Genetically-modified eggs contain cancer drugs

January 29, 2019

Genetic modification of an animal involves altering its existing genetic material to introduce new traits, such as disease resistance. Much research has gone into the possibilities of genetic modification to help our health.

A new scientific development has genetically-modified (GM) chickens lay drug-filled eggs of medicinal value. Previously, scientists have shown that genetically-modified goats can be used to produce protein therapies in their milk. A similar approach is used with chickens, only to produce eggs with drugs for ailments such as arthritis or cancer, and is considered more efficient and cost-effective than these previous attempts.

Dr. Lissa Herron of Roslin Technologies, Edinburgh, and her team managed to insert a human gene -normally for protein production in the body – into the part of the chickens’ DNA that produces the white in chickens’ eggs. The chickens lay eggs as normal, and have quite a “pampered” life compared to other farm animals. Upon cracking the eggs and separating the white from the yolk, Dr. Herron found that the chicken eggs had relatively large quantities of a much-needed protein.

The research team has focused on two proteins essential to the immune system: one with powerful antiviral and anti-cancer effects and the other is a macrophage, which stimulates damaged tissues to repair themselves.

A variety of diseases are caused because the body lacks a certain chemical or protein, then needing drugs that contain the deficient protein to aid bodily supply. But, many such drugs are synthetically produced by pharmaceutical companies and can be very expensive.

With the chicken eggs, three are enough to produce a dose of the necessary drug, and chickens can lay up to 300 eggs per year. With enough chickens, the researchers believe they can produce drugs in commercial quantities in due time. The drugs are cheaper to produce when laid as compared to drugs manufactured in factories. A chicken shed is also far cheaper to build and run than the highly sterile-clean rooms required for factory production. Dr. Herron hopes to lower the overall manufacturing cost with all these savings.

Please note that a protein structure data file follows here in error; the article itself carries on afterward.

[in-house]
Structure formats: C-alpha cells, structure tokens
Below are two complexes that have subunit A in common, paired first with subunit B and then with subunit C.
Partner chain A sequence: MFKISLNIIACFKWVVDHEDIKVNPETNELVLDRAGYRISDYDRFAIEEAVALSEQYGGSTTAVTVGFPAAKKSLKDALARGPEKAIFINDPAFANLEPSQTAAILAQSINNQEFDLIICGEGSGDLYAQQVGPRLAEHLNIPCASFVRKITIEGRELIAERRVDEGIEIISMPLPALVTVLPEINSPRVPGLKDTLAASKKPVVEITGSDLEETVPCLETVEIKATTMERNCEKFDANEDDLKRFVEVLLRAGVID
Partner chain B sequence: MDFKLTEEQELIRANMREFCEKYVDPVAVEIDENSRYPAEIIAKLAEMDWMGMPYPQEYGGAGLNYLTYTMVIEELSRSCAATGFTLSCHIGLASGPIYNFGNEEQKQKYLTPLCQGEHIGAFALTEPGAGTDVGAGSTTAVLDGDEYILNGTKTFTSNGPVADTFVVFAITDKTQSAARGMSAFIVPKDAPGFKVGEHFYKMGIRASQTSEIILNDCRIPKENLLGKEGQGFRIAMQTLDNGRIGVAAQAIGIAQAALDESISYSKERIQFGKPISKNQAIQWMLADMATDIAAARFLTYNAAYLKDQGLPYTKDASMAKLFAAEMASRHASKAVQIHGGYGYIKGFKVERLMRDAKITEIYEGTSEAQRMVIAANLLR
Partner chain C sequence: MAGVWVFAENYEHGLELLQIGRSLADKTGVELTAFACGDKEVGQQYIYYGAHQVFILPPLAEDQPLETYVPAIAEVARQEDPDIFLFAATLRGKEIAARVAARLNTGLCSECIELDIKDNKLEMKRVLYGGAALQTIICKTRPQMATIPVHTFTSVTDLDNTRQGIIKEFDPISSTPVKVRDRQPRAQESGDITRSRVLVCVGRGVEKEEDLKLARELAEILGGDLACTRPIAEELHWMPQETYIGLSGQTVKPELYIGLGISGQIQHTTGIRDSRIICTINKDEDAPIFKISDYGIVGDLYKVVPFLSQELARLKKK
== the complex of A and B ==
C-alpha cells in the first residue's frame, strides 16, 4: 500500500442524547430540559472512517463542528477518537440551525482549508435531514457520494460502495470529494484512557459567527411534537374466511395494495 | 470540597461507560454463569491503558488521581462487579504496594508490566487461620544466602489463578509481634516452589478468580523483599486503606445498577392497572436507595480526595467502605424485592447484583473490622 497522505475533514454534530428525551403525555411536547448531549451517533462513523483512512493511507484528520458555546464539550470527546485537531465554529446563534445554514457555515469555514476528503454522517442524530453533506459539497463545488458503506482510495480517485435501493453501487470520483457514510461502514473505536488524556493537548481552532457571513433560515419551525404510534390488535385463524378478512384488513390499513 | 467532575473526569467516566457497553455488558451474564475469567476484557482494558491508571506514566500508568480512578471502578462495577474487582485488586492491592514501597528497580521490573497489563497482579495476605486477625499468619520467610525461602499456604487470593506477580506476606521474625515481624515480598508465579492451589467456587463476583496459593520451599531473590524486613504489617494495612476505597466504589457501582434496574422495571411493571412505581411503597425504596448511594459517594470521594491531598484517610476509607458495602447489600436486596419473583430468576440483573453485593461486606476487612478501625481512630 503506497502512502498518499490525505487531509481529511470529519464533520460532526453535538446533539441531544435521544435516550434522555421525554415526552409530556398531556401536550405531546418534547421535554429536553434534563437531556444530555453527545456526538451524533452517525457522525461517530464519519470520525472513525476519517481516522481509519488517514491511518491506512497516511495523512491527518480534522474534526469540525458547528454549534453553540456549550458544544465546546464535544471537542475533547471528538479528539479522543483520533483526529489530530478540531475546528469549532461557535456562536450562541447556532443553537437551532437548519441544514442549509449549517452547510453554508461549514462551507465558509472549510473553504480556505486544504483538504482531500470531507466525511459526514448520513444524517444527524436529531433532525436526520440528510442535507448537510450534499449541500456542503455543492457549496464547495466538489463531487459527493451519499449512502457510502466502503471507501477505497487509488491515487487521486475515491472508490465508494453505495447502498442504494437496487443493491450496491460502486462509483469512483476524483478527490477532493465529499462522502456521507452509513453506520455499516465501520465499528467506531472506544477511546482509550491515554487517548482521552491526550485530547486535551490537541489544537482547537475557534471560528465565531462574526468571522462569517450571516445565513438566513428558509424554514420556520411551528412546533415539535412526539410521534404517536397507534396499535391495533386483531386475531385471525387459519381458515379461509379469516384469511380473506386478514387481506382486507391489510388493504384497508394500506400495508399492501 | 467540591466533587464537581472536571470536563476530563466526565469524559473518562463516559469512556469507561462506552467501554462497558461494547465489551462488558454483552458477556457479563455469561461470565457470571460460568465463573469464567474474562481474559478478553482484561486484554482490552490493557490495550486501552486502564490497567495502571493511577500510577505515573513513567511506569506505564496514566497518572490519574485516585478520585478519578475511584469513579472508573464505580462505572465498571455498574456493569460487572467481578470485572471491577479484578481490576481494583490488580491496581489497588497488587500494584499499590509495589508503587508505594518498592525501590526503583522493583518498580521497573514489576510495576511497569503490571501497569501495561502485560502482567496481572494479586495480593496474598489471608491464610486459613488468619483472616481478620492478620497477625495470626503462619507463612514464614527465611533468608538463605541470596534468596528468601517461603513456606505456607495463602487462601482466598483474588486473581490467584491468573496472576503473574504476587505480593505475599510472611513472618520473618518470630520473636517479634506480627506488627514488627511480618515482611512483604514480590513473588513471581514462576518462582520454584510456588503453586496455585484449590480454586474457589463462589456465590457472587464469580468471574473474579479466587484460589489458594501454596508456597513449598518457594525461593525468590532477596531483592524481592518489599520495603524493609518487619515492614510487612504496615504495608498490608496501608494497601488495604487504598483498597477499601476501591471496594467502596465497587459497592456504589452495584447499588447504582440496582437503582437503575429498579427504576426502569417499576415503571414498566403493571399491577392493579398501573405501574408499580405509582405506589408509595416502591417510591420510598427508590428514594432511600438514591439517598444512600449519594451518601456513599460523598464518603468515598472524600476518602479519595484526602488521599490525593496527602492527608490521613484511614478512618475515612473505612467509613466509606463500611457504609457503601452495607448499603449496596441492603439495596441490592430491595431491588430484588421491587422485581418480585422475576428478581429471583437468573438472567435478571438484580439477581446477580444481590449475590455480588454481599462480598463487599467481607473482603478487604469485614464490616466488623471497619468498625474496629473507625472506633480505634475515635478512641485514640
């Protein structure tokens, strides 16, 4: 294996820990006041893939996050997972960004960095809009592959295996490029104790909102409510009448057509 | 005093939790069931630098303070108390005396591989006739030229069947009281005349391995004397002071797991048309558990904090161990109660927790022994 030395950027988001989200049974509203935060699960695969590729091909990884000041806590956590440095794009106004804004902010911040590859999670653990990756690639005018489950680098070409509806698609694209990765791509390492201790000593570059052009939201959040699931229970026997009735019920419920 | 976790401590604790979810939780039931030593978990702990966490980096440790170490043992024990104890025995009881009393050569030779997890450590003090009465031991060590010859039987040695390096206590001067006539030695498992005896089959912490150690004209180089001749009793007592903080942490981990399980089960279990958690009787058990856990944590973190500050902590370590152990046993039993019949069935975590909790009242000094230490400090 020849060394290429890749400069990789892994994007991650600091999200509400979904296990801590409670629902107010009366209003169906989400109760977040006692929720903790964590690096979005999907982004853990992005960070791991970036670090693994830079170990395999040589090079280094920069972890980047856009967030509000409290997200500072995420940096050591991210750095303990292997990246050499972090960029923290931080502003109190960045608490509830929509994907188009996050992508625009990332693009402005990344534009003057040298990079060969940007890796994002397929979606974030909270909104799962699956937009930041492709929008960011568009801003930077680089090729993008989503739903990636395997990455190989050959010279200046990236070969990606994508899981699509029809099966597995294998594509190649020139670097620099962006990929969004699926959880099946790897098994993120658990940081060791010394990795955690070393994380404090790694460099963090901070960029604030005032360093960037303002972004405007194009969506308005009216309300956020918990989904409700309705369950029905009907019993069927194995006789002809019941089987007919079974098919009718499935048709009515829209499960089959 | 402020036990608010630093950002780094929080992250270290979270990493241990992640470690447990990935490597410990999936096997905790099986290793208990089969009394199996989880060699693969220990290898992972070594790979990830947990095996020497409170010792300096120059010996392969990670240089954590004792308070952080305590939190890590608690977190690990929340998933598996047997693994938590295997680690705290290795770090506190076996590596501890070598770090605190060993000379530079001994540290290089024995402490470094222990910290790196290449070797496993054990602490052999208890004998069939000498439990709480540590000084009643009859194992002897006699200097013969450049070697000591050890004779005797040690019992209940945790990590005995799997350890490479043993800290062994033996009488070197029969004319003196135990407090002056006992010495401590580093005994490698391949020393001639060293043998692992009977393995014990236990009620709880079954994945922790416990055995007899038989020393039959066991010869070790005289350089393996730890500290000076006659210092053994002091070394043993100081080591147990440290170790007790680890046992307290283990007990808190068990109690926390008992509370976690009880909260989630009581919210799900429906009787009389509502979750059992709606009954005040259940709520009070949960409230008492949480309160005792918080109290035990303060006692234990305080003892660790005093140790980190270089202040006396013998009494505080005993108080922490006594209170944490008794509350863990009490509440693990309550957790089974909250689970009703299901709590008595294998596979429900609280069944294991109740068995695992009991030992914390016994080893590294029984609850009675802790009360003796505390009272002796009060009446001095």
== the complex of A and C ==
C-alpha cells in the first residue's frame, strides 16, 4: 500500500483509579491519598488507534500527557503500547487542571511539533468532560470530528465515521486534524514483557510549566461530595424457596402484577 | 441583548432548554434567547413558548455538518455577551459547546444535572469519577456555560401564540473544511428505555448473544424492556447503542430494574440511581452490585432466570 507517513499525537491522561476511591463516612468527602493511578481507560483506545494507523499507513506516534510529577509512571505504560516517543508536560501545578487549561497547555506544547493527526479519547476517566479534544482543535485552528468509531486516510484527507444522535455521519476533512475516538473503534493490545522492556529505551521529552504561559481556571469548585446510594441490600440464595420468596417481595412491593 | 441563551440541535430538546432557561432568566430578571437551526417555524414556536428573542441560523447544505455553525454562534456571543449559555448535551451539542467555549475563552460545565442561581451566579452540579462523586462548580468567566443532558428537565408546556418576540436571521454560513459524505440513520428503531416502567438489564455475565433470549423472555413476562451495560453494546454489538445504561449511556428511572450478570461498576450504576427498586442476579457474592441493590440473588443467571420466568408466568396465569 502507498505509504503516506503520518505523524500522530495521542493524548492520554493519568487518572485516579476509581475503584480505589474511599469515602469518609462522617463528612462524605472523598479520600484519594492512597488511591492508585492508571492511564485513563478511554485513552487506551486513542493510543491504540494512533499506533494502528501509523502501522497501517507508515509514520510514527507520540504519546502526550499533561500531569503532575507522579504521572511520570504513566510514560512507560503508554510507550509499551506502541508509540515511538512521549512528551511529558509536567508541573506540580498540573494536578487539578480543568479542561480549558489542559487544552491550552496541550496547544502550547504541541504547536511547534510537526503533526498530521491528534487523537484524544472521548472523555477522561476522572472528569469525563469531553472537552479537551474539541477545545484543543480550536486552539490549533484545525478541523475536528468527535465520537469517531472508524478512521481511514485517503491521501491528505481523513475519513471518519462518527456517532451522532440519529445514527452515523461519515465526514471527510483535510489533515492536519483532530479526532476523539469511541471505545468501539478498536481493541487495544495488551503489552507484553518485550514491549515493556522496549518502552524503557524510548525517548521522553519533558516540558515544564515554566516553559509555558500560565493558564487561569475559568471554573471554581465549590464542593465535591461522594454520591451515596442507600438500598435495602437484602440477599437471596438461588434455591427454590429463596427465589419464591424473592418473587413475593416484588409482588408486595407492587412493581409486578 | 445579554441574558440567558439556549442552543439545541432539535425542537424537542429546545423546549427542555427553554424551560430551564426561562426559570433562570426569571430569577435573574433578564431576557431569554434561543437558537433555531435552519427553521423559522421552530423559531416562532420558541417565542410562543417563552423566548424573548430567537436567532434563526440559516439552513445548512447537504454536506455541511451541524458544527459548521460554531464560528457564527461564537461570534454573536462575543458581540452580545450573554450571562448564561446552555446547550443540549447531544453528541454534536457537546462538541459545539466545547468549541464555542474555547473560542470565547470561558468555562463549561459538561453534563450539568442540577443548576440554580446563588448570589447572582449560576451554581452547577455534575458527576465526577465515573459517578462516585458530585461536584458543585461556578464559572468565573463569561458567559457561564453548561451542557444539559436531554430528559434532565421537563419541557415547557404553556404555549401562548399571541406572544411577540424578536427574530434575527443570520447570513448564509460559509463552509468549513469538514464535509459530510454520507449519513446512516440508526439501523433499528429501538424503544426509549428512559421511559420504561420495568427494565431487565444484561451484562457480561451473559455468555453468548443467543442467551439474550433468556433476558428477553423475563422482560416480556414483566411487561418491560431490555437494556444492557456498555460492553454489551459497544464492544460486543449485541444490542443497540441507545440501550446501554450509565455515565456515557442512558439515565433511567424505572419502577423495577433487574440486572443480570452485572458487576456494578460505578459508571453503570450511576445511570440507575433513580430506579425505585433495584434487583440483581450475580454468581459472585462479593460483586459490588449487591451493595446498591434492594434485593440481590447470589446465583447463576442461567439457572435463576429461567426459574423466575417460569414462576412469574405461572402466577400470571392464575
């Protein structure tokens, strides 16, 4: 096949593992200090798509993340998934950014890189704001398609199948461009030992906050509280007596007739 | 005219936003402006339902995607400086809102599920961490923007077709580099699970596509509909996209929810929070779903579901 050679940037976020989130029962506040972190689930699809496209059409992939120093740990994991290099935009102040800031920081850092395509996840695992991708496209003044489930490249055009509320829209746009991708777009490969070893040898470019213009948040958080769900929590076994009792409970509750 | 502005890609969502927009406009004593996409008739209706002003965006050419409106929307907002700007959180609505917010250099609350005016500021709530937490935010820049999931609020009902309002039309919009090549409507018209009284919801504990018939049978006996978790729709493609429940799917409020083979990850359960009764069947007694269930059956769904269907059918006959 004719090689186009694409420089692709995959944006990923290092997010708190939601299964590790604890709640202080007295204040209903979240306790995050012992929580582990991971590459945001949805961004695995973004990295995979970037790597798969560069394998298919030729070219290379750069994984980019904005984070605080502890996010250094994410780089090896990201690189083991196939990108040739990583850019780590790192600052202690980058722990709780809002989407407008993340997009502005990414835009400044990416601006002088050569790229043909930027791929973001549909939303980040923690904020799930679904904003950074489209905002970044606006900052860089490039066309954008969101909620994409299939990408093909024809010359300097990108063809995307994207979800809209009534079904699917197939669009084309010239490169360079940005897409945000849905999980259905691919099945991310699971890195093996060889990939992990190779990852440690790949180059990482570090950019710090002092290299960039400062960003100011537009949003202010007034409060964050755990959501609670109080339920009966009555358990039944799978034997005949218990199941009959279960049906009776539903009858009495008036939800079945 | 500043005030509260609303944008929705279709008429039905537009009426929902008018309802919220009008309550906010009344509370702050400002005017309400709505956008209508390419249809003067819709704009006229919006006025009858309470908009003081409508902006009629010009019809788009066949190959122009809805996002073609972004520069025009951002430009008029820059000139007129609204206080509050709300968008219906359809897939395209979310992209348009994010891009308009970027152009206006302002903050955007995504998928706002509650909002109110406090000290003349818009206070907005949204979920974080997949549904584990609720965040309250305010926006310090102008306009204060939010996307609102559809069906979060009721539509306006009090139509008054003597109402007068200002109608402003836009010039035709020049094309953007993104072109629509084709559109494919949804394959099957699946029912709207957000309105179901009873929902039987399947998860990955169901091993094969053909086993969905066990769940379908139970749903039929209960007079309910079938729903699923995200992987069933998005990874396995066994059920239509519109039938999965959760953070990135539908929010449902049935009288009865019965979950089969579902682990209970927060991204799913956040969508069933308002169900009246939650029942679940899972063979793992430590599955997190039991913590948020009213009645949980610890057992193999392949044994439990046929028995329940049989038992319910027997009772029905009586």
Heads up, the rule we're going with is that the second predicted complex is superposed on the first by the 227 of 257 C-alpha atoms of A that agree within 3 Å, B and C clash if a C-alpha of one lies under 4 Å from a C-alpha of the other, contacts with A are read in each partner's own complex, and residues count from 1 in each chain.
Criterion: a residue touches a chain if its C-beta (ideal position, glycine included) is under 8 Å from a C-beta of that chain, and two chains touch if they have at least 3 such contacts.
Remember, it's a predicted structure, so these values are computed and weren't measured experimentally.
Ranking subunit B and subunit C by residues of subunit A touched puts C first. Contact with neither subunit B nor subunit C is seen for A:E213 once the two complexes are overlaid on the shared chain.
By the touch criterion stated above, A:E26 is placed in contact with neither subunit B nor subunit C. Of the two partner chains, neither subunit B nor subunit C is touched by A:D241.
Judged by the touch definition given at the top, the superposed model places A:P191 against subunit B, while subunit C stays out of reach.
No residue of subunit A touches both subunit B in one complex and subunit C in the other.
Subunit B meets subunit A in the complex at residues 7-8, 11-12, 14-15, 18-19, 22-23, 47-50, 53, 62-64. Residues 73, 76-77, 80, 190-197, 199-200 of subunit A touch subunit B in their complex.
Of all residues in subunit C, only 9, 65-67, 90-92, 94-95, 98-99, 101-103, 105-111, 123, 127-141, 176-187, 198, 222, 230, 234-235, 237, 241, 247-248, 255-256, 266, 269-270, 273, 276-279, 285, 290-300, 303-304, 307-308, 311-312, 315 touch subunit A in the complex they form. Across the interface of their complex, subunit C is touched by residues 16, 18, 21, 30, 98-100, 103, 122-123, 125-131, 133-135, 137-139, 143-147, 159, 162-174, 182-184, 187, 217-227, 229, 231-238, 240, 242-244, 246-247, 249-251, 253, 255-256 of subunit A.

The researchers hope to use chickens to develop drugs firstly for animal health. These include drugs which boost the immune systems of farm animals as an alternative to antibiotics, thus reducing the risk of the development of new strains of antibiotic-resistant superbugs. Dr. Herron has also said that the healing properties of the macrophage protein can potentially be used to treat pets, for instance, when there is damage to organs. The current treatment drugs are expensive, so regeneration of damaged organs with the new protein is more feasible.

However, the development of chicken-egg drugs for human health, with proper regulation, will take time – between 10 and 20 years.  Professor Helen Sang, of the University of Edinburgh’s Roslin Institute, has mentioned that the study shows that chickens are commercially viable for producing proteins. The approach is suitable for drug discovery studies and other applications in biotechnology.

Note that the eggs are produced only for research purposes and are not on sale in supermarkets.

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Category: Features, Health alert

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